The findings, presented this week at the annual American Heart Association conference in Orlando, Florida are the first to suggest healthy women can benefit from statin treatment.
The majority of previous statin studies have tended to focus on men only.
For this latest study, the researchers carried out a sex-specific analysis of outcomes from the JUPITER trial.
A total of 6,801 women, aged 60 and over, and 11,001 men were randomised to receive either rosuvastatin (20mg daily) or placebo and followed up for cardiovascular events, such as heart attacks or stroke.
Overall, the researchers found that the relative risk reduction of cardiovascular events with rosuvastatin was similar and statistically significant in both women and men.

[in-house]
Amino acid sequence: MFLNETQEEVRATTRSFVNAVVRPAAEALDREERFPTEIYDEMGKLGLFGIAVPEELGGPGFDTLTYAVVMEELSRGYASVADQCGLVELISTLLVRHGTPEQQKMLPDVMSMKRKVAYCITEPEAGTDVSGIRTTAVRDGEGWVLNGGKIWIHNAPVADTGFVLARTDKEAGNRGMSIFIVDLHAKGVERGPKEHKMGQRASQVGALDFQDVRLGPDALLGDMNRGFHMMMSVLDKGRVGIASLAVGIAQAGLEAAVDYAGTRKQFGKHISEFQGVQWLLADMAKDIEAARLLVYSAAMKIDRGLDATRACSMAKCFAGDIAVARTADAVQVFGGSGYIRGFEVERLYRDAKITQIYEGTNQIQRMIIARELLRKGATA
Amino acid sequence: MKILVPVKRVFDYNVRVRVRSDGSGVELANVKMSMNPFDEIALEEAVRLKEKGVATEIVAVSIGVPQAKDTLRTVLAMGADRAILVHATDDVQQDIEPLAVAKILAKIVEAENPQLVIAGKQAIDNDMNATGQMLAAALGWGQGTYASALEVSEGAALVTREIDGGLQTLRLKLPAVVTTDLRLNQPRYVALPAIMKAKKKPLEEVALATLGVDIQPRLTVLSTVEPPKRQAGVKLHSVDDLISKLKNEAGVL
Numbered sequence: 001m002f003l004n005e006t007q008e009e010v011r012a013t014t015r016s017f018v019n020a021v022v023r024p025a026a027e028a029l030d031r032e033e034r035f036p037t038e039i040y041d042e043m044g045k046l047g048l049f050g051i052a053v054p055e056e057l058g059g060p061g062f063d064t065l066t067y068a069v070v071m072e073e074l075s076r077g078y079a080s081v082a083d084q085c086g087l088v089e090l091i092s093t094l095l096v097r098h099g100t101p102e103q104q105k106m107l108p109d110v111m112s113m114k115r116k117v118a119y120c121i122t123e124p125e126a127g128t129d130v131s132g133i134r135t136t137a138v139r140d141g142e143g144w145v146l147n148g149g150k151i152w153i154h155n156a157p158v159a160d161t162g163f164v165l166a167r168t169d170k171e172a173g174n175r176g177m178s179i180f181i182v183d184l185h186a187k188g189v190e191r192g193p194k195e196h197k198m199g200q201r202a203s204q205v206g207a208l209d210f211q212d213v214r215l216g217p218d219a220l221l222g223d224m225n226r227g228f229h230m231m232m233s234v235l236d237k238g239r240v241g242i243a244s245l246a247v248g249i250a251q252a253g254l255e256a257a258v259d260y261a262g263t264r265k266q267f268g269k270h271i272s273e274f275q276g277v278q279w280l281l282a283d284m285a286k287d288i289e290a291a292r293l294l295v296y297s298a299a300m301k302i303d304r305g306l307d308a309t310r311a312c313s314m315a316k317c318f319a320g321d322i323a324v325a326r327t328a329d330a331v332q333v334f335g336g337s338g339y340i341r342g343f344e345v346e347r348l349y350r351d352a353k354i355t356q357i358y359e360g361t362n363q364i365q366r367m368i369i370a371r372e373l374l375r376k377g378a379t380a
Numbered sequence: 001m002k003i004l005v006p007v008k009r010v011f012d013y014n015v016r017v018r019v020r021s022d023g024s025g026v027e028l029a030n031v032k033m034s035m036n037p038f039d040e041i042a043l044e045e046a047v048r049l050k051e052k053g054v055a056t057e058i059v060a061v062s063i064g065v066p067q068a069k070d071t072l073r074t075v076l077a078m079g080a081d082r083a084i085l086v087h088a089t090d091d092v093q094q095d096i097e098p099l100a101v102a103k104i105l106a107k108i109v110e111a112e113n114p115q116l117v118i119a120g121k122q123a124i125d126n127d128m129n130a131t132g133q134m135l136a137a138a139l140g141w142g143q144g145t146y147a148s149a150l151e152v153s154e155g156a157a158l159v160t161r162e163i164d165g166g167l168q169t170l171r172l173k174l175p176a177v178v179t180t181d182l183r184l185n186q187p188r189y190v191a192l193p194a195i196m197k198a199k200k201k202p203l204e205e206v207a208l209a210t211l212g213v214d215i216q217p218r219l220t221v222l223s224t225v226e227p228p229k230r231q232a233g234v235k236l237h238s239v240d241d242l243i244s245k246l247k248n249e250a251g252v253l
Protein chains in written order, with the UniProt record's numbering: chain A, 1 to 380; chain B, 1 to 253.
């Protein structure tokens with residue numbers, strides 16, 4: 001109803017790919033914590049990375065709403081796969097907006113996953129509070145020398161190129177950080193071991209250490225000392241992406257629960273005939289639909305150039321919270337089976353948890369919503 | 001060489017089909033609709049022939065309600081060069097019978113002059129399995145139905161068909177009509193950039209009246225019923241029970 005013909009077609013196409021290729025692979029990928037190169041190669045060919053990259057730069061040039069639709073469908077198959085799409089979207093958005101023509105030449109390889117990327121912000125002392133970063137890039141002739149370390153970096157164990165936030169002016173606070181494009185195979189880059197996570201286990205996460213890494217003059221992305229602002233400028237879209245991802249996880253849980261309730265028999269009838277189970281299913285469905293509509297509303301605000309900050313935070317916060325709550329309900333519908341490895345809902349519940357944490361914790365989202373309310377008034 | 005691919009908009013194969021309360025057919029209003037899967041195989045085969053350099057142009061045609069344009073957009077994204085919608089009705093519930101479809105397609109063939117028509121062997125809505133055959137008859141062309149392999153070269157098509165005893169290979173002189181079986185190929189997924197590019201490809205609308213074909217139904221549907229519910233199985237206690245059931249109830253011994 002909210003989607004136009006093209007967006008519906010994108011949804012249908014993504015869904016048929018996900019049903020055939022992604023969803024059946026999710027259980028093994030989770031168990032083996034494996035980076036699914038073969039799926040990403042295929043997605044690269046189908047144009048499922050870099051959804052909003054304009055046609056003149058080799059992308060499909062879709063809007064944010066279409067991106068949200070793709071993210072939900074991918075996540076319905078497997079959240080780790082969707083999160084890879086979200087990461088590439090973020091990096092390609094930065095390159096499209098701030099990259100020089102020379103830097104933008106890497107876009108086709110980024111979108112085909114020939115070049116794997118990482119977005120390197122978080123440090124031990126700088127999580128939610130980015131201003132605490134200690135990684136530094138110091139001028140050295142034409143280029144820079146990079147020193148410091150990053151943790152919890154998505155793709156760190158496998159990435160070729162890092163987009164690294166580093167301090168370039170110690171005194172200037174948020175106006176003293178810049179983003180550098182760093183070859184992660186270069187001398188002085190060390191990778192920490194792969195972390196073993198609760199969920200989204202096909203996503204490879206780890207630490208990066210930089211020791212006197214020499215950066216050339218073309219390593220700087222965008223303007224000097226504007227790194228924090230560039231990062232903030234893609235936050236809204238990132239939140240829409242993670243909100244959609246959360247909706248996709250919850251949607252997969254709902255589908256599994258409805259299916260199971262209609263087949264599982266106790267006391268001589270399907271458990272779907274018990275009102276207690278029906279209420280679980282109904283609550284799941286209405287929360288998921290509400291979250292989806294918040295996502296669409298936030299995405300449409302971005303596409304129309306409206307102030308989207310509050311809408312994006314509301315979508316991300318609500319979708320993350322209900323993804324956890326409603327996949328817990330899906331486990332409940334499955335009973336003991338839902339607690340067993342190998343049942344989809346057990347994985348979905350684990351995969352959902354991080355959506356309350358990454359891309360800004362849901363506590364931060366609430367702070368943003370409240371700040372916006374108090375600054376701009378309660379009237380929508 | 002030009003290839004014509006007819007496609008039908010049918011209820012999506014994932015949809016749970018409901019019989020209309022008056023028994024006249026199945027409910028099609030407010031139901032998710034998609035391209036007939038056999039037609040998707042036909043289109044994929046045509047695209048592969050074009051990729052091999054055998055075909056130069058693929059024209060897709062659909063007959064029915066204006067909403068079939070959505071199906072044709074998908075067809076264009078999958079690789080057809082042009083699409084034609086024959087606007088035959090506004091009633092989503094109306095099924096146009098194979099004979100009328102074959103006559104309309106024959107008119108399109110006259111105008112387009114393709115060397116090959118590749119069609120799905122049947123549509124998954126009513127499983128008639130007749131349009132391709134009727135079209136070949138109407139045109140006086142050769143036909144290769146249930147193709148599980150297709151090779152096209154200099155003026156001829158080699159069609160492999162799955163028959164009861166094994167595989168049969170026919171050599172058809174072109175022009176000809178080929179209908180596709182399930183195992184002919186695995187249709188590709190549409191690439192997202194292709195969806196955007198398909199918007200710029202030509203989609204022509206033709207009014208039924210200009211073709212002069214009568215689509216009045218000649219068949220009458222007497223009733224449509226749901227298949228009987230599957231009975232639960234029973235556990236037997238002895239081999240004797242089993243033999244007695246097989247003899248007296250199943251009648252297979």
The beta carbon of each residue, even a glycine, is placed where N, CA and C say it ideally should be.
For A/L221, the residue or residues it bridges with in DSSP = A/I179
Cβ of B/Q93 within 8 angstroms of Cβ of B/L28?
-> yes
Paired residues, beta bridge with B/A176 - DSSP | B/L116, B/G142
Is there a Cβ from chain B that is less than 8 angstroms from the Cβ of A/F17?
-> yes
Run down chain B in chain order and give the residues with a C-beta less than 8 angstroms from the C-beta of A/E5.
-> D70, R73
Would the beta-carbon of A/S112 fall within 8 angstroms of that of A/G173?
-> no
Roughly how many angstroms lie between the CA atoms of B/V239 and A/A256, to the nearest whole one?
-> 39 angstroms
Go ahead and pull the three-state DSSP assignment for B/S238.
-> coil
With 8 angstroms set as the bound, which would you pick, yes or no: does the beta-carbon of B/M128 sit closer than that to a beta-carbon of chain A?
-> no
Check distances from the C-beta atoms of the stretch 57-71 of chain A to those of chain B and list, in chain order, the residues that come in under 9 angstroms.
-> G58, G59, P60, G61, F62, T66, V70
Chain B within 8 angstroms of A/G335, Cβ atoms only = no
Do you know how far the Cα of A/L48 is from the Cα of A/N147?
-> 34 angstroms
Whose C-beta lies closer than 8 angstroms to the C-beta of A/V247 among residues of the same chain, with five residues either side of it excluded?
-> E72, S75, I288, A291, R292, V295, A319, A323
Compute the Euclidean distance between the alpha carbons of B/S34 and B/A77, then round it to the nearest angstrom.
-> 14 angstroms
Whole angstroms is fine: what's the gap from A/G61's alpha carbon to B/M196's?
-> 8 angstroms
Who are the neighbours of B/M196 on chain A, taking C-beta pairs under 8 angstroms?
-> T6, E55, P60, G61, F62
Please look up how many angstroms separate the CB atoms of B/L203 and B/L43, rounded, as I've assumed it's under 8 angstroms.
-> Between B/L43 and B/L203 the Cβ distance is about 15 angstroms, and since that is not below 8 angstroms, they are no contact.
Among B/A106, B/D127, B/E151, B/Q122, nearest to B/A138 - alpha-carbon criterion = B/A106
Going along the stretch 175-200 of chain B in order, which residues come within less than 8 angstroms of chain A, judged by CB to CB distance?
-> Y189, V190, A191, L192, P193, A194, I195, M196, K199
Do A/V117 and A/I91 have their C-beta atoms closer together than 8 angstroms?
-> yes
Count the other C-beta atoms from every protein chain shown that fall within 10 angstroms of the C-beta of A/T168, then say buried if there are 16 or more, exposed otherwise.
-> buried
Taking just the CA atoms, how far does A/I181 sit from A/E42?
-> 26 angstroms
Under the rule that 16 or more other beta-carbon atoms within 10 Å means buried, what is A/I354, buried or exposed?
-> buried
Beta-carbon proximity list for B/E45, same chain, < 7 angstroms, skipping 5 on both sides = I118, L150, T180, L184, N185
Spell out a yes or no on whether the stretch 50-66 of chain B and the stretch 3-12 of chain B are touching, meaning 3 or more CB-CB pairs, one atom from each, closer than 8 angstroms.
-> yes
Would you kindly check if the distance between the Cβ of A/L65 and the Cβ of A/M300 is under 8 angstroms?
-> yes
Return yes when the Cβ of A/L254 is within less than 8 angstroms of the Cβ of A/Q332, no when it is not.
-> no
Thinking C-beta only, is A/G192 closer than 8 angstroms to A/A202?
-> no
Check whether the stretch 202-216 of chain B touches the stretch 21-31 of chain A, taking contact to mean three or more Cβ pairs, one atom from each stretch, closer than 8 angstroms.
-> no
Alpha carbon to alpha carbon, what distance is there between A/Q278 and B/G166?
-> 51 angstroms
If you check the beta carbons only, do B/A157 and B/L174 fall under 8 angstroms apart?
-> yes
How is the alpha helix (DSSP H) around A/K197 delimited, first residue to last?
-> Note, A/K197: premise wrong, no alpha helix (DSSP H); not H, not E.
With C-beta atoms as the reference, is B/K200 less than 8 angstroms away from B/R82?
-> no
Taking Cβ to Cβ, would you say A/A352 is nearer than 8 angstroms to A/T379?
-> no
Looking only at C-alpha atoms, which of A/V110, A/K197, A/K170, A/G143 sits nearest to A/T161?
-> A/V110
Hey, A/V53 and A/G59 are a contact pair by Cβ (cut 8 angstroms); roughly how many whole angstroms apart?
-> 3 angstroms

Taking statins reduced the risk of cardiovascular events among healthy women by 46% compared with placebo.
The research team, led by Dr Paul Ridker from the Harvard School of Medicine in Boston, also found that use of rosuvastatin was not associated with any significant increase in myopathy or cancer. However, a higher incidence of diabetes was noted among the women who were receiving statins.
Jill Ridley, a cardiac specialist nurse for Heywood, Middleton and Rochdale PCT, warned that nurses should not offer statins to patients in isolation but should offer them in line with healthy lifestyle advice.
‘At the moment statin use tends to be been aimed at elderly men so these findings could help to increase the focus of statin treatment in women.
‘There have been only a few small studies looking at statin use in women. These latest findings warrant further research,' she said.
- Read the full version of this story in next week's Independent Nurse dated 23 November